The second example of how Detroit CBP policies affect Michigan ports involved a huge construction project in Grayling.
In 2015, Ft. Mill, S.C.-based Arauco North America Inc. reached a deal with the state to build the largest particleboard mill in North America, a $400 million project supported by property-tax incentives of $11.8 million. The Department of Natural Resources sold Arauco 600 acres for the plant at $1,400 an acre.
Arauco broke ground on the project in April 2017, and the plan was to have 14 ships from Europe loaded with construction material travel through the St. Lawrence Seaway to the Port of Monroe, then have the cargo loaded onto trucks to be transported up I-75.
Houston-based Spliethoff USA used the CBP’s web-based tool, Automated Commercial Environment (ACE) in mid-May, to get approval for the cargo, and a ship left Antwerp in early June. The plan was to unload steel containers in Cleveland and then proceed to the Port of Monroe, where crated cargo would be unloaded for the project and trucked to Grayling.
The expected arrival in Monroe was June 24, but as the ship was crossing Lake Ontario on June 18, the Detroit office of CBP sent a letter to Spliethoff, notifying it that the cargo could not be unloaded in Monroe after all. When Spliethoff asked for an explanation, it was told that the Detroit office was now considering any crated cargo as containerized. Previously, cargo in wooden crates had less stringent examination rules than those for steel shipping containers.
The Detroit office, according to the UM report, said that “a container is not limited to traditional shipping containers, but rather is any cargo enclosed in wood, steel or otherwise.”
The UM report called that a “new definition” of the previous rule.
That ship’s cargo and future shipments were offloaded in Cleveland and Toronto, causing Arauco to incur increased trucking costs.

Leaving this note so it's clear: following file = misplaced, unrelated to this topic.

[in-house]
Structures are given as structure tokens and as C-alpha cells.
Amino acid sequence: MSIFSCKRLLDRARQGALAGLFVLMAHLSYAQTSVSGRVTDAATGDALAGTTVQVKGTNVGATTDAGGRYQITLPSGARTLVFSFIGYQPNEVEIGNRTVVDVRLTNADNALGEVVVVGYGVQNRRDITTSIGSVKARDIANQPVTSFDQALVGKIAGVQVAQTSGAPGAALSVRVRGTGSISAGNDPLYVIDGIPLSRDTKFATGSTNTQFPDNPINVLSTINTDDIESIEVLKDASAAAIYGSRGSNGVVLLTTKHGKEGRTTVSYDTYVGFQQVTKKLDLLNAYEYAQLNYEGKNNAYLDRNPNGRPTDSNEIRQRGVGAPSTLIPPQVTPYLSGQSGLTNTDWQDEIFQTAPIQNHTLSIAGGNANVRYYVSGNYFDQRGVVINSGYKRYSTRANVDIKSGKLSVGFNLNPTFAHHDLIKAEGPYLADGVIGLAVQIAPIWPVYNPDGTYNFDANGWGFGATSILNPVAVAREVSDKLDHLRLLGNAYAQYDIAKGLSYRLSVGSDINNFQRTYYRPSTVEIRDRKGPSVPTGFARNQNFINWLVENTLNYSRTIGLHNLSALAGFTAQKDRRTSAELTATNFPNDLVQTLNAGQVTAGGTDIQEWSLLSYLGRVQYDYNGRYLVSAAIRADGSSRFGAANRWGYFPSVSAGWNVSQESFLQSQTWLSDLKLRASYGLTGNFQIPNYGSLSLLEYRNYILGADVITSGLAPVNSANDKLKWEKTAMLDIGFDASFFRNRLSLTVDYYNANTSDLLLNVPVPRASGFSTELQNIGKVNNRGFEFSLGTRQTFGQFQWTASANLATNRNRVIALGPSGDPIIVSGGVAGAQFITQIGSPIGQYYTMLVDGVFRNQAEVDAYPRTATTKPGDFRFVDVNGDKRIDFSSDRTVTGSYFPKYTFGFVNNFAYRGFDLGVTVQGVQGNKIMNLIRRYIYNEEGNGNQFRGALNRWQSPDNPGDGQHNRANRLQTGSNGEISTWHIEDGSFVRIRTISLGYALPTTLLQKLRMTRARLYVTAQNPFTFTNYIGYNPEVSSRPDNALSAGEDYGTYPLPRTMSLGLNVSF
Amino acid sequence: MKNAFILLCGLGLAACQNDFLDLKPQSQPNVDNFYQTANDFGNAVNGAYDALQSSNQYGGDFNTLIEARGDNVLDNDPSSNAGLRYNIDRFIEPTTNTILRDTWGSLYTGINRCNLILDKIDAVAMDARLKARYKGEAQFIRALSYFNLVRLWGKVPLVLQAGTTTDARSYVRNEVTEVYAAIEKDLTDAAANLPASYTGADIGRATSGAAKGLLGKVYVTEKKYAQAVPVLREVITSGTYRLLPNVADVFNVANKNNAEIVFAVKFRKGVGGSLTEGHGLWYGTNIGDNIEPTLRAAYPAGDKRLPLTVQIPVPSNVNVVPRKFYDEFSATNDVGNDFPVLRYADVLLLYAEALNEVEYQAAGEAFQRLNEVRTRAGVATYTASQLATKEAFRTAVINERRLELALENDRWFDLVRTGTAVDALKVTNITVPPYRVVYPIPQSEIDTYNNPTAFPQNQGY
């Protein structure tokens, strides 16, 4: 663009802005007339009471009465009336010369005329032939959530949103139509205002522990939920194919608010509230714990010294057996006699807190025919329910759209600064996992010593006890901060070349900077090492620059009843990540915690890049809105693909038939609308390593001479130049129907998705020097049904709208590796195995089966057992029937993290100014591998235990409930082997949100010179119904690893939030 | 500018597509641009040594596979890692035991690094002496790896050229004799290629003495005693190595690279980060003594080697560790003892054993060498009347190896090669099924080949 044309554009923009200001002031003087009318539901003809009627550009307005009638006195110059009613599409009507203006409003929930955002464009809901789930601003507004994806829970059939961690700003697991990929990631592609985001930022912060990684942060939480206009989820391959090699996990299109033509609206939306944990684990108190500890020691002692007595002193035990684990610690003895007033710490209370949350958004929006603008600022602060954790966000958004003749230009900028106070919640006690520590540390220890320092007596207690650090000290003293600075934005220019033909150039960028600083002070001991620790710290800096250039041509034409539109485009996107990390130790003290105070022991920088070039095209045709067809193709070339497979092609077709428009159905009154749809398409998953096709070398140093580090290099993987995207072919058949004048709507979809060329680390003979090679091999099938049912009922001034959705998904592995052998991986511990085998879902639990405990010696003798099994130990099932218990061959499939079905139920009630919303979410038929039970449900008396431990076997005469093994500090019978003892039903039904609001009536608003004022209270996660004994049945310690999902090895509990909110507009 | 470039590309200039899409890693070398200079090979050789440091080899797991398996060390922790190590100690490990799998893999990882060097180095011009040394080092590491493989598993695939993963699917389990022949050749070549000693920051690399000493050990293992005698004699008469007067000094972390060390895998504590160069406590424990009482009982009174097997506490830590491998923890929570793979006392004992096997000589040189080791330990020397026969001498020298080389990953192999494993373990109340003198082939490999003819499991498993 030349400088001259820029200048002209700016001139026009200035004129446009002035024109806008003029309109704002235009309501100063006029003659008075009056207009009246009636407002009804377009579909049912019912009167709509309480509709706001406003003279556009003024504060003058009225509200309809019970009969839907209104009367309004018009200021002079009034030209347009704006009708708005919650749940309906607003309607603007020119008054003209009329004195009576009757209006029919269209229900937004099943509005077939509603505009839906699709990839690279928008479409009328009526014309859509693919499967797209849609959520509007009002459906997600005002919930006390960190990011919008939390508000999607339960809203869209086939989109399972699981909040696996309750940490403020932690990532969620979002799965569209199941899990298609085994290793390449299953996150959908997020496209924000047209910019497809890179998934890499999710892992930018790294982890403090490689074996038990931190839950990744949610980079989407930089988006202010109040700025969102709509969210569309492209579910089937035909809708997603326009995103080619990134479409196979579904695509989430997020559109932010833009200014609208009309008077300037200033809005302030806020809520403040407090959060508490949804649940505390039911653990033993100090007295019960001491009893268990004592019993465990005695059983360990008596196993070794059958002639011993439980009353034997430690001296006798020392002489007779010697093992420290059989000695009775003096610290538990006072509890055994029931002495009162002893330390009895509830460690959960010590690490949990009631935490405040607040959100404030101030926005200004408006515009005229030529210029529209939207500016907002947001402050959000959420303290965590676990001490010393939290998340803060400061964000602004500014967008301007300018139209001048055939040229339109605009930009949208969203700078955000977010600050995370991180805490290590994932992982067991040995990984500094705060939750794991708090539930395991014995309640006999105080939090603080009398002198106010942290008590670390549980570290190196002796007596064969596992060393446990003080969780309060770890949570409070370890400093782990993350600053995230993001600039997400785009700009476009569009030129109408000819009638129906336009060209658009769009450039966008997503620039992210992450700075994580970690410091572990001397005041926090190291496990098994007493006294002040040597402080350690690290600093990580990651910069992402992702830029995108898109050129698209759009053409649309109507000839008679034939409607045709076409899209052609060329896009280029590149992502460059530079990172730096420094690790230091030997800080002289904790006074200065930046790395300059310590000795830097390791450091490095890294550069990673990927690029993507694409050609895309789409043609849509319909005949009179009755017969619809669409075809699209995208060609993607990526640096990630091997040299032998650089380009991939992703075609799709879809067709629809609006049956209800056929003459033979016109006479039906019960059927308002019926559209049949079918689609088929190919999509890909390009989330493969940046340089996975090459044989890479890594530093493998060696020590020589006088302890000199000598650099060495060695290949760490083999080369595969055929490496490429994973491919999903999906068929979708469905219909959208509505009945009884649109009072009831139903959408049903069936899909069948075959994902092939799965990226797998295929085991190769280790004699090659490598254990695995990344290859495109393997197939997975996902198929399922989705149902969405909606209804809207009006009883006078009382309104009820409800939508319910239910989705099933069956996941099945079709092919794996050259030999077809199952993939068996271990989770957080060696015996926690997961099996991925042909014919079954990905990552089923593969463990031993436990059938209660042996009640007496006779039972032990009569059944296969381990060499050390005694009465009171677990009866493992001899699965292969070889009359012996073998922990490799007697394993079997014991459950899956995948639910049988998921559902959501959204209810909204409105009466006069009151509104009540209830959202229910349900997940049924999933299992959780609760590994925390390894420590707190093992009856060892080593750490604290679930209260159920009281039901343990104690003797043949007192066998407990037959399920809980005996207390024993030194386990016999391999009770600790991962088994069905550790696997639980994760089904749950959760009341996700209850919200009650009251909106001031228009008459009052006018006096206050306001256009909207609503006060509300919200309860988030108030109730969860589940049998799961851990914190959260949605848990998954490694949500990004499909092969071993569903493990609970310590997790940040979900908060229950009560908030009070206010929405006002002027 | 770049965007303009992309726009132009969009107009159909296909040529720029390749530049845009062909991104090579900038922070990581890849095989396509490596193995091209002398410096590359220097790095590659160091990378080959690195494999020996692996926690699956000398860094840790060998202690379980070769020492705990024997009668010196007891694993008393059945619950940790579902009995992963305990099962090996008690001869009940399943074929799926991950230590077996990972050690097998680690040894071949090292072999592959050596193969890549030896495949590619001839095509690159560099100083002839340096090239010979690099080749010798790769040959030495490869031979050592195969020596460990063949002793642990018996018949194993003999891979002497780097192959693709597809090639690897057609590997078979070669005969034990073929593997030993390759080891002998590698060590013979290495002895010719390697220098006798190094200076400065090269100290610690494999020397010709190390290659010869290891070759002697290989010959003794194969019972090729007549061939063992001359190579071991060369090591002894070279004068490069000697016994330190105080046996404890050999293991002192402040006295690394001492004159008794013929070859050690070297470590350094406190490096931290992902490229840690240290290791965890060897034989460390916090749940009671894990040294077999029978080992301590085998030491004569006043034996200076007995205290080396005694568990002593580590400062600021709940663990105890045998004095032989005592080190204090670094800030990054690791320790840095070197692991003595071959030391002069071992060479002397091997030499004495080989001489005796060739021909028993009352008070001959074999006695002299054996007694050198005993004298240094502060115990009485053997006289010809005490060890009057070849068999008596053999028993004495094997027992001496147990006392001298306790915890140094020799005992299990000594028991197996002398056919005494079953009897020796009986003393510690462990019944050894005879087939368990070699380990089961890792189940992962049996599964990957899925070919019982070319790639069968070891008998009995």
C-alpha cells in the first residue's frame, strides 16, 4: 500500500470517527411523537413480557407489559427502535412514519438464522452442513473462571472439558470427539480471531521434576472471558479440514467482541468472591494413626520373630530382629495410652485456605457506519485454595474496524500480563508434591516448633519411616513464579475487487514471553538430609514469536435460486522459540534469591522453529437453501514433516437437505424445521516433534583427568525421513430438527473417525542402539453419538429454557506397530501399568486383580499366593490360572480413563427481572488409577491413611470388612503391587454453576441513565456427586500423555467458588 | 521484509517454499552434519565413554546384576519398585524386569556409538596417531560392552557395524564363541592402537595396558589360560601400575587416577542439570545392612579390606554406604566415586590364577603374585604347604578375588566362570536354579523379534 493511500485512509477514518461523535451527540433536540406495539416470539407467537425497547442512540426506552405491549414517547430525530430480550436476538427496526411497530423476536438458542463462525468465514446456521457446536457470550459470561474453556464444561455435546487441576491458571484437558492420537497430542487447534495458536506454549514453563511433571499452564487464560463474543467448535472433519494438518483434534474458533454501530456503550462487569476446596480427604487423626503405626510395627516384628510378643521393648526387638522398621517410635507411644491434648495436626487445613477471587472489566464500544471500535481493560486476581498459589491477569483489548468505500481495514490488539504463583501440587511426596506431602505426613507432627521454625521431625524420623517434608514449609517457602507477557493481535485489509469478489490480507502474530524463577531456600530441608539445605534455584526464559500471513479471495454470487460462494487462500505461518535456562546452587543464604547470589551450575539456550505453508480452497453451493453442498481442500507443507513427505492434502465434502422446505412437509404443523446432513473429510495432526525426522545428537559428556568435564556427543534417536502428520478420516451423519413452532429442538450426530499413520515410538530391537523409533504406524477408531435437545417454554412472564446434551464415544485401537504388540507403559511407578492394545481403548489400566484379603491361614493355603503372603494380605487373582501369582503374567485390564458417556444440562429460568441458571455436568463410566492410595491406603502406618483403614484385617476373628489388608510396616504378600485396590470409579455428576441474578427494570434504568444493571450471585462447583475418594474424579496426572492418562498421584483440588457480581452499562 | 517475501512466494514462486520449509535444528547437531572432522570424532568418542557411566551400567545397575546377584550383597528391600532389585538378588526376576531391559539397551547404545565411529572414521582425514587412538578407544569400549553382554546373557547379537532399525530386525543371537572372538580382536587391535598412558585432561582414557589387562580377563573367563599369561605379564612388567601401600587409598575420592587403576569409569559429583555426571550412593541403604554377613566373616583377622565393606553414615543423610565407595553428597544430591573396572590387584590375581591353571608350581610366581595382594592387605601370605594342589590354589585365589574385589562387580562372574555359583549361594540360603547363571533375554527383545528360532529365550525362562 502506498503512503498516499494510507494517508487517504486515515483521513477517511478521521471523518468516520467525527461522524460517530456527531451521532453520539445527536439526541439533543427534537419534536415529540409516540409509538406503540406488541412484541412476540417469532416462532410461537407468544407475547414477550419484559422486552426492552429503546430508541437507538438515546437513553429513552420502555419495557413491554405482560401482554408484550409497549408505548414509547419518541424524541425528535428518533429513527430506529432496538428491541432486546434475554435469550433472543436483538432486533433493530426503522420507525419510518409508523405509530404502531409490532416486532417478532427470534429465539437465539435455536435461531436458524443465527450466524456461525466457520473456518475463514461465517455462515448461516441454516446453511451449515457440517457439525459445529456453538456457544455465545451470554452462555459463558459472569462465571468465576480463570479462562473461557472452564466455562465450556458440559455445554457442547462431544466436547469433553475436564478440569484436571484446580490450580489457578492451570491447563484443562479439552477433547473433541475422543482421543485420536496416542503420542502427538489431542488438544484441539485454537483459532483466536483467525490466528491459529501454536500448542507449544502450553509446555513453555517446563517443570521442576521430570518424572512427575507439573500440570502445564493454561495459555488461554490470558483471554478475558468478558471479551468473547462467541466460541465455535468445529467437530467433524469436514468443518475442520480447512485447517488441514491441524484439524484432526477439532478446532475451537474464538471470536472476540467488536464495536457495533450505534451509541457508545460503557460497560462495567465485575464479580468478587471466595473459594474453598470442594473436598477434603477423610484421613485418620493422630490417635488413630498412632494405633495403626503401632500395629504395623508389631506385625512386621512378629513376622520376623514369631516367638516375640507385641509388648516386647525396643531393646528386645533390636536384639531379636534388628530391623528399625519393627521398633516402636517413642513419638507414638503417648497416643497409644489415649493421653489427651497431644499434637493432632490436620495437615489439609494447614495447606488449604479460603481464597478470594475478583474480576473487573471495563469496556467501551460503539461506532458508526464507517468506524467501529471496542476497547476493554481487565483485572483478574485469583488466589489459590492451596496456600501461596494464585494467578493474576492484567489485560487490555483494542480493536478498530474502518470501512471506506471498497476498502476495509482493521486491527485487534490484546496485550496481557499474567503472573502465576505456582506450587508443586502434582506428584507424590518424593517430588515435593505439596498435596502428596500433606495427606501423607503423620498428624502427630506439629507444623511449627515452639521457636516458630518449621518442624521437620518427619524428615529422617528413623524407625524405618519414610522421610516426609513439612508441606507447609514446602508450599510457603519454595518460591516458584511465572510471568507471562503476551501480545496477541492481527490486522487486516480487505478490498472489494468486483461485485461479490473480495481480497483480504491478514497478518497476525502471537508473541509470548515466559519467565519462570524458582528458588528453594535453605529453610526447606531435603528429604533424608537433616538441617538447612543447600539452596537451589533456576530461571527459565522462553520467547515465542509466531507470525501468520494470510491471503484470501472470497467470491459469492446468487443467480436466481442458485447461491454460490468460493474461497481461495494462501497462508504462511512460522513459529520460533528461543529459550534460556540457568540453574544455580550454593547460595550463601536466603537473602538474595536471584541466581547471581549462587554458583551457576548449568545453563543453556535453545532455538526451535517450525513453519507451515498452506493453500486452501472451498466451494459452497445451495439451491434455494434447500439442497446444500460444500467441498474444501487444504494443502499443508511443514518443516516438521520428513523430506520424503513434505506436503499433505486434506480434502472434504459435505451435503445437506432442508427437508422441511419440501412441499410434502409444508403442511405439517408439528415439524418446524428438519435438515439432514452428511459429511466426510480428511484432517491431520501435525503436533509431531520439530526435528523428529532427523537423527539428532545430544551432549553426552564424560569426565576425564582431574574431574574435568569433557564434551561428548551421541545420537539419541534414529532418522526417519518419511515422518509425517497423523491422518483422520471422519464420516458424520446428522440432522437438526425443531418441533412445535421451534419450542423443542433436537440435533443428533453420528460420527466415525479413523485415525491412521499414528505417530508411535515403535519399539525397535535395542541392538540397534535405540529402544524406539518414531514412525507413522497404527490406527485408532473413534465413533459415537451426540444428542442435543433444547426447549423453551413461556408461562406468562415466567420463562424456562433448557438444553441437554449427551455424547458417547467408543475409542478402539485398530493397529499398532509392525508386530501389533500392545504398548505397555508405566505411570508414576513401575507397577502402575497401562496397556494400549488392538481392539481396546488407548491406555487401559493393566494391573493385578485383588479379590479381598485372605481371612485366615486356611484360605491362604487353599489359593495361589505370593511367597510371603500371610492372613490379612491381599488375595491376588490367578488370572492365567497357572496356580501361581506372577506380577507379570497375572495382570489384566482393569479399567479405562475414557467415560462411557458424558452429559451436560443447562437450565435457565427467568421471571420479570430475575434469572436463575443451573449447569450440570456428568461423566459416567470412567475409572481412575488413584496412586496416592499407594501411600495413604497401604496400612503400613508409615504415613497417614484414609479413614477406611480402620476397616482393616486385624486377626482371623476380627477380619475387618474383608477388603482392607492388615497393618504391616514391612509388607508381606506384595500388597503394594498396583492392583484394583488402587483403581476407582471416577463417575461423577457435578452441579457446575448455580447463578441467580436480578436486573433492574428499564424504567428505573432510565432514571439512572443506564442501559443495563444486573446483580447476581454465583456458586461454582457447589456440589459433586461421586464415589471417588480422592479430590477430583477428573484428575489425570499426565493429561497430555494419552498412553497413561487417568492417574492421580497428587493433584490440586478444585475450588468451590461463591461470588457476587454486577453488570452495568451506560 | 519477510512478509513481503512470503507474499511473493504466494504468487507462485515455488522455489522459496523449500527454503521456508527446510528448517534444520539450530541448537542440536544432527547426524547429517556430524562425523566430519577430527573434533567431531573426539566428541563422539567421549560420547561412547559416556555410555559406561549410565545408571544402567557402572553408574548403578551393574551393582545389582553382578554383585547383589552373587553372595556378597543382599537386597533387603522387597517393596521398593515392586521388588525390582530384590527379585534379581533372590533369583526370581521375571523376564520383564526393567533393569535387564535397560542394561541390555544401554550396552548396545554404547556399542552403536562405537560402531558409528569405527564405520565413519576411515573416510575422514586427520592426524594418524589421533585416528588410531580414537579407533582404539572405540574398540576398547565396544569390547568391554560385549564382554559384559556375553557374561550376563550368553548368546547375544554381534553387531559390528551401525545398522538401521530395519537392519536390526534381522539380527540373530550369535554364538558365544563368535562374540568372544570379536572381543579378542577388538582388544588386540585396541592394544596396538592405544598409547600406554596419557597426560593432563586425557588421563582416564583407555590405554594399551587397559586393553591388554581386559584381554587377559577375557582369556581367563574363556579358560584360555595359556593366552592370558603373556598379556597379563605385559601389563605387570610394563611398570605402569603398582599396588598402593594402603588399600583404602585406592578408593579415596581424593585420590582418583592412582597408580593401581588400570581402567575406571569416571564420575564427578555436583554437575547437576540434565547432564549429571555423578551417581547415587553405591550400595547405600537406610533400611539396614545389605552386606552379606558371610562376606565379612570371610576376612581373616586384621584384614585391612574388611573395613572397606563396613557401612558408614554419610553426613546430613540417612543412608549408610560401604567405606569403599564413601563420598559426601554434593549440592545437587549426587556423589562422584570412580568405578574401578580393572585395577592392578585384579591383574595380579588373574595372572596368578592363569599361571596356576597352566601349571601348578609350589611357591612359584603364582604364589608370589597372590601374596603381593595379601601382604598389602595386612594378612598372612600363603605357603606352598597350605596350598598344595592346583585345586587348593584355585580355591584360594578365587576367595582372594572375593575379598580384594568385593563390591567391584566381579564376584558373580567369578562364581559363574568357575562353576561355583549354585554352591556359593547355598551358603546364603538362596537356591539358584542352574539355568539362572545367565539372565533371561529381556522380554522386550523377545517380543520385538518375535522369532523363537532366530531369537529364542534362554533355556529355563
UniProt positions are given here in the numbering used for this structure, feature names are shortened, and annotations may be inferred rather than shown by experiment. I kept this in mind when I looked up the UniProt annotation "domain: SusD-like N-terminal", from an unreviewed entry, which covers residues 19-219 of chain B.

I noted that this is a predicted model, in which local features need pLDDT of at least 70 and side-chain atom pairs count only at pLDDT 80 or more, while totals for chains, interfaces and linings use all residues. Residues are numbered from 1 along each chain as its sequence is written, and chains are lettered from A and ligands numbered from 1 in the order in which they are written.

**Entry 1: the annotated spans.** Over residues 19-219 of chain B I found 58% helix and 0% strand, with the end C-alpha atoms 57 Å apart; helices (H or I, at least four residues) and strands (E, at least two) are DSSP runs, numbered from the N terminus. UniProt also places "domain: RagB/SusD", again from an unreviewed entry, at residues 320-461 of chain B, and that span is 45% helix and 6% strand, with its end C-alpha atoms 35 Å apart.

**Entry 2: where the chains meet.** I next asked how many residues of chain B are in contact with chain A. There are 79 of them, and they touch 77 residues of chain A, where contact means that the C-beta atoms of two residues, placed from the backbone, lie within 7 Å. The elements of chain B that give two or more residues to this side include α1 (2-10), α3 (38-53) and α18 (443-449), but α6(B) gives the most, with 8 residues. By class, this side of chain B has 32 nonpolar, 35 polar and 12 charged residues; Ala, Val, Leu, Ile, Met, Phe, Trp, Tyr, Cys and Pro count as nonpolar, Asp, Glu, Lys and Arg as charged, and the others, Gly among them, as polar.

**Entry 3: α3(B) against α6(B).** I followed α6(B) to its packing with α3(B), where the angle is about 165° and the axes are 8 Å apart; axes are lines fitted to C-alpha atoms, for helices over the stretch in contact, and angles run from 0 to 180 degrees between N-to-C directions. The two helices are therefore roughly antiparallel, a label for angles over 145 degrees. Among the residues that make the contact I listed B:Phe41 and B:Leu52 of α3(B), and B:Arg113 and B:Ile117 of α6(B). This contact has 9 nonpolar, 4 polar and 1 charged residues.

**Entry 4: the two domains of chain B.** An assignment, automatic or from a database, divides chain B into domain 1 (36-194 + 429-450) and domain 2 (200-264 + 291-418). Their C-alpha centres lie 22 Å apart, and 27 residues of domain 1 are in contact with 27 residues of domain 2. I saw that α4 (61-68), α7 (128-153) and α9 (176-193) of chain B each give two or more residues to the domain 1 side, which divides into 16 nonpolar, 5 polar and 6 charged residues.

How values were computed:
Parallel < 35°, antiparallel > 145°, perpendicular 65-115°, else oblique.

“The cargo from these ships was allowed to enter at Cleveland because the Port of Cleveland is not in the CBP Detroit Field Office jurisdiction, but rather that of CBP’s Chicago Office,” according to the UM report. “The cargo was not opened, devanned, or scanned by CBP in Cleveland before being cleared and released by CBP. Offloading fees, wages and taxes were lost to port workers, the city of Monroe and the state of Michigan.”
The UM report said that the changes required by the Detroit office of CBP cost various partners in the project between $1.9 million and $3.1 million in added costs. In addition, the Port of Monroe and its dock operator lost out on about $15.4 million in revenue that was shifted to Ohio and Toronto.
Spliethoff told the UM students it had to cancel plans for two to four other sailings per month, with between 100 and 150 containers each, for the 2018 shipping season, and a contract between General Motors and Spliethoff to use the Port of Monroe was cancelled.
Spliethoff estimated it lost out on $12.5 million in revenue in the 2018 shipping season solely based on the inability to use the port.
A spokesperson for the BNSF Railway Co., the largest freight railroad network in North America, told UM researchers that, in the report’s words, “that he had never seen anything like this throughout his 35-year logistics career. Given the issues the company and their client Arauco experienced when trying to use the Port of Monroe, he said that he urges industry associates he encounters at trade shows and his clients, many of which are multinational corporations like Arauco, not to use the Port of Monroe, warning of potential costs brought on by their customs issues. The Arauco-CBP debacle, he said, sends the signal that Michigan is not open for business.”
The Detroit office of CBP declined three requests for an interview.
LaMarre said further studies are in the works.
“”We are in the midst of doing a second study with the same team which will be a comparative analysis of the State of Michigan’s investment in commercial port infrastructure projects as compared to the other Great Lakes states and coastal ports,” he told Crain’s.